Merlin keeps insisting that we "REVEAL THE DOOR OF ESCAPE," which may be what Napoleon is feeling around for. Trying to get the green key from the electroshock room is unsuccessful, as we get subjected to electroshock therapy before we can make off with it, and experimentation establishes that Merlin refuses to pick it up on our behalf.
Hmmmmm. What about that long handled window hook? If we go to the east end of the hall, just outside the electroshock room, and try to GET KEY, the parser is smart enough to tell us that YOU CAN NOT REACH THE GREEN KEY FROM OUT HERE. And we can successfully GET KEY WITH HOOK from this location, without having to enter the electroshock room! Unfortunately, though, the green key can't unlock the cabinet in the dispensary. Wandering around and running into the evil doctor again, we can gain independent verification of the medical consensus that getting electroshock treatment does not undo the effects of a frontal lobotomy. But -- referencing the original manual -- we discover some not-so-subtle hints that the longstanding adventuring magic word PLUGH will undo the confusion, and we need not fear lobotomization any longer. Magic Words: 1, Medical Science: 0.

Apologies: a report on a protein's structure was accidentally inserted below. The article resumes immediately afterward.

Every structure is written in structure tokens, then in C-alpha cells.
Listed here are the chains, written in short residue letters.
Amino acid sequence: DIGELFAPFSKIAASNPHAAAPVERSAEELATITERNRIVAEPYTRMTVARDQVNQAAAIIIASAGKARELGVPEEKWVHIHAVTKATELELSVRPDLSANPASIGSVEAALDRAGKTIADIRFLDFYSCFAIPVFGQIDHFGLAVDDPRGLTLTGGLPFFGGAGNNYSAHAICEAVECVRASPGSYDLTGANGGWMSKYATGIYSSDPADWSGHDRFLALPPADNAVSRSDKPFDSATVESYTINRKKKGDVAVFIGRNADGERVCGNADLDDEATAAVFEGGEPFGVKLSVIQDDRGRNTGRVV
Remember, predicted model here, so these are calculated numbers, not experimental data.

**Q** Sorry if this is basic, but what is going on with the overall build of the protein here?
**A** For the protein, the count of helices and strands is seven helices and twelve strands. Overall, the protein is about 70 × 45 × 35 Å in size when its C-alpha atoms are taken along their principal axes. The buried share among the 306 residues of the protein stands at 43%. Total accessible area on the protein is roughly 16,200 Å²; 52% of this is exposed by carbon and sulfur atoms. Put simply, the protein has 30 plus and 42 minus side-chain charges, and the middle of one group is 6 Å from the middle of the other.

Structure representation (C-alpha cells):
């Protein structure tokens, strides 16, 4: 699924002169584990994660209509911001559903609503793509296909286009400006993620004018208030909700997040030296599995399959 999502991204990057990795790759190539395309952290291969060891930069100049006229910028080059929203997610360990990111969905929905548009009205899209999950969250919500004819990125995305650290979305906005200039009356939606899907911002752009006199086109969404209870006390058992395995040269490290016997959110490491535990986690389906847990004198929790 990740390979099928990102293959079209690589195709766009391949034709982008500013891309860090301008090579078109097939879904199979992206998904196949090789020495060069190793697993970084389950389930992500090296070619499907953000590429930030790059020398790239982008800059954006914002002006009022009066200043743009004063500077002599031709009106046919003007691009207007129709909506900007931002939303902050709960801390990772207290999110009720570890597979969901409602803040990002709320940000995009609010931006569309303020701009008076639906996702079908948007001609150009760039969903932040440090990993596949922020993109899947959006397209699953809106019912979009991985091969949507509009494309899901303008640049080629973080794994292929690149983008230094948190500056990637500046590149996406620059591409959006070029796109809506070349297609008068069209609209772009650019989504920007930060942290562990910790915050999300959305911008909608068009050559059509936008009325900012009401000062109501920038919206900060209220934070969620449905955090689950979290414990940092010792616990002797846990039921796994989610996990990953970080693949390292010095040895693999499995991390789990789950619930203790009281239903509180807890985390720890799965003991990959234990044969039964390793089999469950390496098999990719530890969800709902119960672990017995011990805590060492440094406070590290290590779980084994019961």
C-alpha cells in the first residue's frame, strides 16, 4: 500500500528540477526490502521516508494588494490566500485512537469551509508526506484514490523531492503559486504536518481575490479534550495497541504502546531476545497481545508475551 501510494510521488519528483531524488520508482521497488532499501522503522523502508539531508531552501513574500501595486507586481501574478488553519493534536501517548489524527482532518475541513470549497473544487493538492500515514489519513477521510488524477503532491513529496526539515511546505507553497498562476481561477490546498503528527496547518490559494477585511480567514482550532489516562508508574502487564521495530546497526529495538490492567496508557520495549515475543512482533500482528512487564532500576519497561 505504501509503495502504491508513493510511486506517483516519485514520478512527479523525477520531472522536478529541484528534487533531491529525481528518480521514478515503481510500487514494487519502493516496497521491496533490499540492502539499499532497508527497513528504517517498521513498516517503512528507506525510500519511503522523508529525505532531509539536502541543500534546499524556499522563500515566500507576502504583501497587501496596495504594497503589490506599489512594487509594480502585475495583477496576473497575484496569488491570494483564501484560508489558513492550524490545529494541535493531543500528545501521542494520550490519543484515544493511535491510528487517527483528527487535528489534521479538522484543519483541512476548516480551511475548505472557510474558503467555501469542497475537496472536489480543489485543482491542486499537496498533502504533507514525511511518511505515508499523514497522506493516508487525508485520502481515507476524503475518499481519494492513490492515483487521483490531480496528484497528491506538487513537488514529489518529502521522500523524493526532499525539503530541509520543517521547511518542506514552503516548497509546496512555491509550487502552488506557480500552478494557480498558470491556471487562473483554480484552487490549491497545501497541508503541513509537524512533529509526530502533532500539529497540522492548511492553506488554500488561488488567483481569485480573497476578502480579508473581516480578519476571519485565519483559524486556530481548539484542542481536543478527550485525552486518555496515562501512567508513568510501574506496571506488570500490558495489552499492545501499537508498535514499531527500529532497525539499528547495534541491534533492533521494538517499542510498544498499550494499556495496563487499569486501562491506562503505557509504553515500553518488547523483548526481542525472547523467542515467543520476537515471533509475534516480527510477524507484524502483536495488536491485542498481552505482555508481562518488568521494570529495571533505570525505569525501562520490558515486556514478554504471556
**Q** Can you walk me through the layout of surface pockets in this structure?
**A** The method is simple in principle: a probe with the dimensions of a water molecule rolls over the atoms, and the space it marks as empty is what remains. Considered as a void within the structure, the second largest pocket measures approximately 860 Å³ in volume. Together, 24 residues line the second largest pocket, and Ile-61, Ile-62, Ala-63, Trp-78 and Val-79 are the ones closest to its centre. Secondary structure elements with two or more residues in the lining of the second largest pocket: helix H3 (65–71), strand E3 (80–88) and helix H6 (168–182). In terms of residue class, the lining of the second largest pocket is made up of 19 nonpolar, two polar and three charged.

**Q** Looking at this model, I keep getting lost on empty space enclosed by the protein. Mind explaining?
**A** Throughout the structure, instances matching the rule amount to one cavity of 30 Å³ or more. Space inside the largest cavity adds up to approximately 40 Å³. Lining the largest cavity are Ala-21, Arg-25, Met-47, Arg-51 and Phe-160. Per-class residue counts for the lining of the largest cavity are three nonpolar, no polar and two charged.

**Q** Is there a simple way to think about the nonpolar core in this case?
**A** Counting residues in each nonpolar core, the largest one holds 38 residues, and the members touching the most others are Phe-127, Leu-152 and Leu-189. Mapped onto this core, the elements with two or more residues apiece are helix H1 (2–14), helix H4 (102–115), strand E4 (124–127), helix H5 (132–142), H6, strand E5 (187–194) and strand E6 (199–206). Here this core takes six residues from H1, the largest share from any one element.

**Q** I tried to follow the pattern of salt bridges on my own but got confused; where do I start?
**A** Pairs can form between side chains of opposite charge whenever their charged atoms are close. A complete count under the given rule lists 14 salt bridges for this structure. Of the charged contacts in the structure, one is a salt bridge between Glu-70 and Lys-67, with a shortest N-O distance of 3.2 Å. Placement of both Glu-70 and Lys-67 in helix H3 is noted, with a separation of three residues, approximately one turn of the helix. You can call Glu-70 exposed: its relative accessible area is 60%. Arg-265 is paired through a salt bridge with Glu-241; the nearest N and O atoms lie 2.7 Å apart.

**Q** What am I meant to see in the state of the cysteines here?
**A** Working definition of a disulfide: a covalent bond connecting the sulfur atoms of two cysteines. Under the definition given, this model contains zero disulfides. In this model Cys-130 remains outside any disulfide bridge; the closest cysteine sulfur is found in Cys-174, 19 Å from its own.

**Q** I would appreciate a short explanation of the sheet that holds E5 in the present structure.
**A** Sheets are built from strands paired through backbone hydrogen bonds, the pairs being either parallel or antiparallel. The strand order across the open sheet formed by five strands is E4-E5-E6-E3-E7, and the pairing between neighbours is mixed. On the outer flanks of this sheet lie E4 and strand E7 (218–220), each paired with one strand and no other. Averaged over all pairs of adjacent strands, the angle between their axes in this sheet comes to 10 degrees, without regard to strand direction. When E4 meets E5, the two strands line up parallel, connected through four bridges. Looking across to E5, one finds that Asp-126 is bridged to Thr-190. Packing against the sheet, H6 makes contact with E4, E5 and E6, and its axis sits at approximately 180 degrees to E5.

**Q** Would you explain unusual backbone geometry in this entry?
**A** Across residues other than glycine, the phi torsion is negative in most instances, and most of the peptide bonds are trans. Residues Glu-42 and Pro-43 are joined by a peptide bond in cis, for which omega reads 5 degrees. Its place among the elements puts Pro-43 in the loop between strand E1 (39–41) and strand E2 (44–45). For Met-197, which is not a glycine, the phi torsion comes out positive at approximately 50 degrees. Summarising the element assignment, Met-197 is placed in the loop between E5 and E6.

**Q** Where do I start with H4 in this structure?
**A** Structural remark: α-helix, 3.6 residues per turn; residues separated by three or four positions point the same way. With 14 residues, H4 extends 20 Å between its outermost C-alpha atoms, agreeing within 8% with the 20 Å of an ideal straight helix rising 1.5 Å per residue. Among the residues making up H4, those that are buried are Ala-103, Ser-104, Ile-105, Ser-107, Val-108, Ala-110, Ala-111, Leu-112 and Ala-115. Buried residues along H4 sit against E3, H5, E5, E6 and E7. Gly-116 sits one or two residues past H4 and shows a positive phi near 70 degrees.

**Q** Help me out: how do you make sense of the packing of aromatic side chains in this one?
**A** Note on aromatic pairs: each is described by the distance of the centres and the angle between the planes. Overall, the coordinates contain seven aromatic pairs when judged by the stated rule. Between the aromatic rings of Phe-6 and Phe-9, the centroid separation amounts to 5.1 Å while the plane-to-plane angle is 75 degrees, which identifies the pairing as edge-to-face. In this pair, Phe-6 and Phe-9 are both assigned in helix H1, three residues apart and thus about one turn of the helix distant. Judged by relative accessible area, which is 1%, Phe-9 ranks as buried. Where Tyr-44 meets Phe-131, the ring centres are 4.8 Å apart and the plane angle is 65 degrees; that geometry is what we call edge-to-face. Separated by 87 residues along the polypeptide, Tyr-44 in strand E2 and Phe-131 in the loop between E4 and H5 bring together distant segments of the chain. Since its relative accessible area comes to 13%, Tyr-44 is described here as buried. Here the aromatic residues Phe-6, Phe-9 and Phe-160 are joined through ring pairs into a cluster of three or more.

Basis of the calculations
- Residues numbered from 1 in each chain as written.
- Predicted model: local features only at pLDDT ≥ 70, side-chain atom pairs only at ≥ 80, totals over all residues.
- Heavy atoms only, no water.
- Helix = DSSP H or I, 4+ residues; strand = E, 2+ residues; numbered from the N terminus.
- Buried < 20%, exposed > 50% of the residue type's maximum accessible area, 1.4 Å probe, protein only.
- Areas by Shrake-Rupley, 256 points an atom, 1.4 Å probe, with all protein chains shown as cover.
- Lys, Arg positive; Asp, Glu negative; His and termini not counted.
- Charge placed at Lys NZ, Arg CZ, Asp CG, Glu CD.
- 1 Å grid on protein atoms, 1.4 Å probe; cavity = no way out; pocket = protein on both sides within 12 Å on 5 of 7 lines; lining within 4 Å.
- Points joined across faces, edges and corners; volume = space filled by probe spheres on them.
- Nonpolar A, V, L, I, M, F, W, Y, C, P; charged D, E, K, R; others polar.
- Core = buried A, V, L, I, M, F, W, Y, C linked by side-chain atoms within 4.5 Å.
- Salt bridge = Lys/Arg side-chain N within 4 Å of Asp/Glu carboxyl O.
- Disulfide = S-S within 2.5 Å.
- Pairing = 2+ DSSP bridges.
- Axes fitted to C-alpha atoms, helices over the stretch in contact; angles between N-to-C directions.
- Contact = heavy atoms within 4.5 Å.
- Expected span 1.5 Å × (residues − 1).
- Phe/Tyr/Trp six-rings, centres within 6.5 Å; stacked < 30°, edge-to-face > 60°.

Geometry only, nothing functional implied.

What else can we try? Well, we can EXAMINE ROOM in any location to see NOTHING SPECIAL ABOUT THE ROOM, suggesting that this may not always be the case. And what about that other key? We can't GET RED KEY from the cabinet, even with the window hook in inventory, or GET RED KEY FROM CABINET, as YOU ARE QUITE INCAPABLE OF REMOVING THE RED KEY, or PUT HOOK IN HOLE, as THE WINDOW HOOK WON'T FIT IN THE CABINET -- but these are kind of misleading responses, as we can successfully GET RED KEY WITH HOOK.
Now we can explore the rest of the map and UNLOCK RED DOOR WITH RED KEY as necessary. The first one we try is empty, at the west end of the east-west hallway, but the one directly south of our starting point houses a man with a very bad French accent, who announces, "EYE AM A GRATE ARTEEST! MAH NAM EEZ PICASSO!" (despite the fact that Picasso was Spanish.) This impostor likes to paint doors on the wall, and if memory serves sometimes these can be opened; but in this case, OPEN PAINTED DOOR yields only, "ARE YOU CRAZY? IT IS JUST A PAINTED DOOR!"
Unlocking the third, easternmost red door gets us somewhere new -- the north end of a north-south hallway, opening up the rest of the map. A blue door on the right-hand side can be freely opened, but the padded room beyond is empty. Continuing south along the hallway, we can enter a kitchen to the east, with a refrigerator that drops some hamburger meat onto the floor when OPENed.